How Google Could Solve the Digg Gaming Problem
Digg founder Kevin Rose said today that the site will be making changes to its ranking algorithms. The problem is that a small number of Digg users have too much influence over what makes it to the home page.
The general perception is that sites like Digg work via the wisdom of crowds, a term recently repopularized by James Surowiecki in his book of the same name. The idea behind crowd wisdom is that large numbers of people with different perspectives will be consistently better than individuals at problem solving. In Digg's case, the problem to be solved is the promotion of stories.
Most people assume that because a large number of diverse people promote stories on Digg, then the resulting top stories are the product of collective wisdom.
Unfortunately, Digg doesn't really work that way because each user has foreknowledge of other users' diggs. Diggers promote stories that have already been promoted. This is the herding instinct. If you read Surowiecki's book carefully, you'll note the wisdom of crowds relies on diversity, local knowledge and independence. It's that last quality Digg users don't have. Instead, each digg is an individually applied discrete unit of imitation, leading to an information cascade. It's one big Web 2.0 bandwagon.
One way to solve the Digg gaming problem, then, is to remove the friends system whereby diggers can tell what their friends are digging. That's a non-starter for Digg, since community is an important aspect of the site. Another way: Remove the digg rank. Also a non-starter for a site based on collective enumeration.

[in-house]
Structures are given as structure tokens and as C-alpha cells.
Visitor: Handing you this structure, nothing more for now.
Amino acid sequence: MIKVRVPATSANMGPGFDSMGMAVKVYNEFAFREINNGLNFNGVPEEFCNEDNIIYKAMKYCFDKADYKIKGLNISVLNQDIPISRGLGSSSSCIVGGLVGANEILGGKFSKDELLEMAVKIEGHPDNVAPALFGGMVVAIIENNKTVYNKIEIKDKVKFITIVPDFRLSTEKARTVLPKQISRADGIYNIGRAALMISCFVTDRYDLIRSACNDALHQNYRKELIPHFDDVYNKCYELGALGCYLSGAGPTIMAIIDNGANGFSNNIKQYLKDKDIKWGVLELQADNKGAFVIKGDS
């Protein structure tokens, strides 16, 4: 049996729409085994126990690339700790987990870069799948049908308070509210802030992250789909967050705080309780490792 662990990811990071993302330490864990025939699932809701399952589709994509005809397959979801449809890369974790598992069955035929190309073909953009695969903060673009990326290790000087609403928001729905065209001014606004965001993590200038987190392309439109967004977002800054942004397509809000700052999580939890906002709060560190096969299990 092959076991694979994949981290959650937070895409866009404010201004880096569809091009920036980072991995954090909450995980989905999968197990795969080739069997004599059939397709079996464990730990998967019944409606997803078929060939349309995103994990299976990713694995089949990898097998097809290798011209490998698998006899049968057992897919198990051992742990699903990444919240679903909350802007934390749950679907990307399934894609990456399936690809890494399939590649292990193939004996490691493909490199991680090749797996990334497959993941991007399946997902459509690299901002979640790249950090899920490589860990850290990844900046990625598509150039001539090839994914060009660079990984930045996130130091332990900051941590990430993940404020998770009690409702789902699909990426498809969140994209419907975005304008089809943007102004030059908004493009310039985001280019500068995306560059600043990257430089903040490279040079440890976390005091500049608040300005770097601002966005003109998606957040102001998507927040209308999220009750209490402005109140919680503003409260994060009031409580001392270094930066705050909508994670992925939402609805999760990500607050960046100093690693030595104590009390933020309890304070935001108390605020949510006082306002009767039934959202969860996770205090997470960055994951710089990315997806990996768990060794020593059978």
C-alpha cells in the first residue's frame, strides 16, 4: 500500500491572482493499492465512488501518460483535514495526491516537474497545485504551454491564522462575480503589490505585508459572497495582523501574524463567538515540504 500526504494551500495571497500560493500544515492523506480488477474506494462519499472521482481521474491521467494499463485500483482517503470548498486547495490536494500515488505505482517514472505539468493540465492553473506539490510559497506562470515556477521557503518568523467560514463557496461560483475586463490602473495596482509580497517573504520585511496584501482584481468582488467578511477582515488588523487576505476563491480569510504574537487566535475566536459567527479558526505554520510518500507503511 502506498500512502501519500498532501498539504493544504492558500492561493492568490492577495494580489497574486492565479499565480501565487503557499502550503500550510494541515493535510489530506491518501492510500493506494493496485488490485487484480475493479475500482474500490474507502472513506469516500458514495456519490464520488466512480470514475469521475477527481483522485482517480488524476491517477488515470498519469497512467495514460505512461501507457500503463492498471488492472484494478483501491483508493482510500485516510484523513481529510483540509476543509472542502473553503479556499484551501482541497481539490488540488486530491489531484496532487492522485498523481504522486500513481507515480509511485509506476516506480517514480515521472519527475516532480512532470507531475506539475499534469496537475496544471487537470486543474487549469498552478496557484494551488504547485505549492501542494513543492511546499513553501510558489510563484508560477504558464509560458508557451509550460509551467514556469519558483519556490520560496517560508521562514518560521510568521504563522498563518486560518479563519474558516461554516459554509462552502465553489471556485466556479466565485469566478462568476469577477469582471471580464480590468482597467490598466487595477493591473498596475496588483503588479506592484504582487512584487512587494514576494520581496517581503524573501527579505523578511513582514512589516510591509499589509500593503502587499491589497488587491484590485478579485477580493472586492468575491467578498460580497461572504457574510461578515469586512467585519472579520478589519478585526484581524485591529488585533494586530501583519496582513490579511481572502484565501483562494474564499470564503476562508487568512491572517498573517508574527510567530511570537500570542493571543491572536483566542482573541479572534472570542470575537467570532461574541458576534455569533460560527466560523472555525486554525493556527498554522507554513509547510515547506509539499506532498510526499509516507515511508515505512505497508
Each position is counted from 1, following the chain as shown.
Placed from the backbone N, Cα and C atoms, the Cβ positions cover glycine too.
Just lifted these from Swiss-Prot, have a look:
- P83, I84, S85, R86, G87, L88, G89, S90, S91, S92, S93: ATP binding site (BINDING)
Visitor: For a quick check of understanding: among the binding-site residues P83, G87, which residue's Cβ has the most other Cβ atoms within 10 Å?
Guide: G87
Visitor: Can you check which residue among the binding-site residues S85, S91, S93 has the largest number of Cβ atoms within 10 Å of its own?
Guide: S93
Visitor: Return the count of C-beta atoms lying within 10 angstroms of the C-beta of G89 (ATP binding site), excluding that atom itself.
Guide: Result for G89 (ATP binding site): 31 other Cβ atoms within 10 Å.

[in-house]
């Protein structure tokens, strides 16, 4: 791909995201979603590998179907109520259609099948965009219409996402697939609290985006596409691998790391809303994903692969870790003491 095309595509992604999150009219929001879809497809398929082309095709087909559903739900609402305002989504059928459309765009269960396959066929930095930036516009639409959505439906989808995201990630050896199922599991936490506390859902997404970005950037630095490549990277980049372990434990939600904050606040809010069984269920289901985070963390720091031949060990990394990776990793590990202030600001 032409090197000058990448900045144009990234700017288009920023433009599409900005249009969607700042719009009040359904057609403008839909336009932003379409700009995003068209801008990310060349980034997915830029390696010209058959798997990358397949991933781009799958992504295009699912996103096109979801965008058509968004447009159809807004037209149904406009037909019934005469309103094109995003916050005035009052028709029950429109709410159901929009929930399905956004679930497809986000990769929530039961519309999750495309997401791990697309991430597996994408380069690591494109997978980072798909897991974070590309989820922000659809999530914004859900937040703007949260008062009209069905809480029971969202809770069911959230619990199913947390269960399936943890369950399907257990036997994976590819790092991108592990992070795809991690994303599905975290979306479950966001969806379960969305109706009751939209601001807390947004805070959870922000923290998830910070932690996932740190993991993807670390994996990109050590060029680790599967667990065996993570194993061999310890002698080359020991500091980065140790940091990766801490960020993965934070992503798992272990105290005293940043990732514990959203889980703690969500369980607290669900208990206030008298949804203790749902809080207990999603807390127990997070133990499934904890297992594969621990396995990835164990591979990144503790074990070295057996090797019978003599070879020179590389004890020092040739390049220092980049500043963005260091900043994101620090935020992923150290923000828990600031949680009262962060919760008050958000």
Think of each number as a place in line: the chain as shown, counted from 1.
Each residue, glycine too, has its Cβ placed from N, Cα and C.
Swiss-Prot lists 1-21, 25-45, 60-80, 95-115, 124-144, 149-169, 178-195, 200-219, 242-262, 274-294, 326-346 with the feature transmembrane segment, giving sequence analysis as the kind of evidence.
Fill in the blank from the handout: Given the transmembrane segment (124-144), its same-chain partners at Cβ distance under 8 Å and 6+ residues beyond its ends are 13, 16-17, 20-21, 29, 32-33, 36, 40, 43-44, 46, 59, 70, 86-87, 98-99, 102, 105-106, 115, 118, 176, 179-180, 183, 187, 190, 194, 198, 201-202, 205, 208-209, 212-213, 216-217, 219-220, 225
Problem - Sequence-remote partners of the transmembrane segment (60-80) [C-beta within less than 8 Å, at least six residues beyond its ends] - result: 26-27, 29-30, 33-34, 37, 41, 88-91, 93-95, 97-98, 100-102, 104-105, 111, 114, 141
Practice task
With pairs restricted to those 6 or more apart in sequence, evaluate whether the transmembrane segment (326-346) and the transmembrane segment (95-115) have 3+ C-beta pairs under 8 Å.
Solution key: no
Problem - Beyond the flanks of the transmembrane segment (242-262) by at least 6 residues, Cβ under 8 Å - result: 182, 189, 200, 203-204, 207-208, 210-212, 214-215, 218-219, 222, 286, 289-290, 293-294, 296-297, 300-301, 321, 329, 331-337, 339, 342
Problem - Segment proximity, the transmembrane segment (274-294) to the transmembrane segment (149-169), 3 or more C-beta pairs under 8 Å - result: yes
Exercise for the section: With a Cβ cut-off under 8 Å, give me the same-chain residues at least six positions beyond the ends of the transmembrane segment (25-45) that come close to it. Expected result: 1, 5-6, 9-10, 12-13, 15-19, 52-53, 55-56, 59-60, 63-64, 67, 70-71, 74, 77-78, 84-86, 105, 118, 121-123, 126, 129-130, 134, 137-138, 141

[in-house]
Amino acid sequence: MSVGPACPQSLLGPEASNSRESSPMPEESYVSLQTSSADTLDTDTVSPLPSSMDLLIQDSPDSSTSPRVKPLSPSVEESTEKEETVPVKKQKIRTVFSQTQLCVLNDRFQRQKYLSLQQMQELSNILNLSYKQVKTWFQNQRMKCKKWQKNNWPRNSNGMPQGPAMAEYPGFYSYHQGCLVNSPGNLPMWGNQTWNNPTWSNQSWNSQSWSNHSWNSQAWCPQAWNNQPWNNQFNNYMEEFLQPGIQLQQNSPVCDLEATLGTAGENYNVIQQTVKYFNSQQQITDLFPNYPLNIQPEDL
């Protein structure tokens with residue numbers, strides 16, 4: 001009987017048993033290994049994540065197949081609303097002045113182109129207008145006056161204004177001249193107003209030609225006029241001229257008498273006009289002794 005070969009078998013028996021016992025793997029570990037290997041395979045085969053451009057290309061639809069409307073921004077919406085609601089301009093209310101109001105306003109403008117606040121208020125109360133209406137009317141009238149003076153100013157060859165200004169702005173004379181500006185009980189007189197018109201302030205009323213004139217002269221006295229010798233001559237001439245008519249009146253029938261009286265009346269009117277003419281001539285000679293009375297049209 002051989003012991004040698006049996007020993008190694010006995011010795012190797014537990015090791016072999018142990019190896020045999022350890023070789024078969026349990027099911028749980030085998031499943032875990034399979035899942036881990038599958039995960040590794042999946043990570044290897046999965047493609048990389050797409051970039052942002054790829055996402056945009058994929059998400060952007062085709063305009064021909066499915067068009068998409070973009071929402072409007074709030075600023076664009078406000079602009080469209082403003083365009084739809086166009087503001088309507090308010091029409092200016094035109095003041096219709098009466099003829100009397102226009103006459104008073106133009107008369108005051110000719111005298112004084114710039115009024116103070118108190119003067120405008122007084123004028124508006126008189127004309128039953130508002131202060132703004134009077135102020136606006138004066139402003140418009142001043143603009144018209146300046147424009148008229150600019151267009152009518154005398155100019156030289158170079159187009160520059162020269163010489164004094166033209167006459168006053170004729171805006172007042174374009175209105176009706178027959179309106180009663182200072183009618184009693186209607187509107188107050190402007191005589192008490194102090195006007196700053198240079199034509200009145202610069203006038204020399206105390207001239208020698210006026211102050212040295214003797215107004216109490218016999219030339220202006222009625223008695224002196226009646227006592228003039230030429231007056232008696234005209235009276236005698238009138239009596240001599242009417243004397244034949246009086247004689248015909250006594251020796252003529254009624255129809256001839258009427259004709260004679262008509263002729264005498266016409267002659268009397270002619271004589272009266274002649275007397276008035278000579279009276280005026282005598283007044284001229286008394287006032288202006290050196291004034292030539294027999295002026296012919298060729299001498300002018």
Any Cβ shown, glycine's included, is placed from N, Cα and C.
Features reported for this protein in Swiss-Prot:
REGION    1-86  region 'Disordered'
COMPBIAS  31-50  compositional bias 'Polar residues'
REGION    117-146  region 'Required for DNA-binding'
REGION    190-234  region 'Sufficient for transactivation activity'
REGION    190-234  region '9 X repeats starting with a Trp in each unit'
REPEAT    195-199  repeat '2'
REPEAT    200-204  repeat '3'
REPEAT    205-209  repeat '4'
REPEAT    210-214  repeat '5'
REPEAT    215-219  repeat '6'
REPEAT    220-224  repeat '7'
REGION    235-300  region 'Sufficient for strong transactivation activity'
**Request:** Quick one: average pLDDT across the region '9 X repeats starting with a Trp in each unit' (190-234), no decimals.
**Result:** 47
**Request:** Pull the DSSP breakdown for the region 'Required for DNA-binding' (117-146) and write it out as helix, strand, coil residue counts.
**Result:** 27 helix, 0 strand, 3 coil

So how could Google solve this problem? Implement its own human-ranking system on Google News, and do it in a way that doesn't show how many people have ranked a story. Provide an alternate site -- say, Google News Community -- that displays the results of the anonymous ranking on Google News.
Another way to do this would be to allow users to anonymously rank stories from their Google Personalized Homepage. Those results would also be aggregated on Google News Community.
It's just a thought. Google's been experimenting with social search, and Google News has the traffic to make the system work. Plus, the resultant traffic to publisher sites would demonstrate Google is a boon to traffic, not a detriment. Just a thought.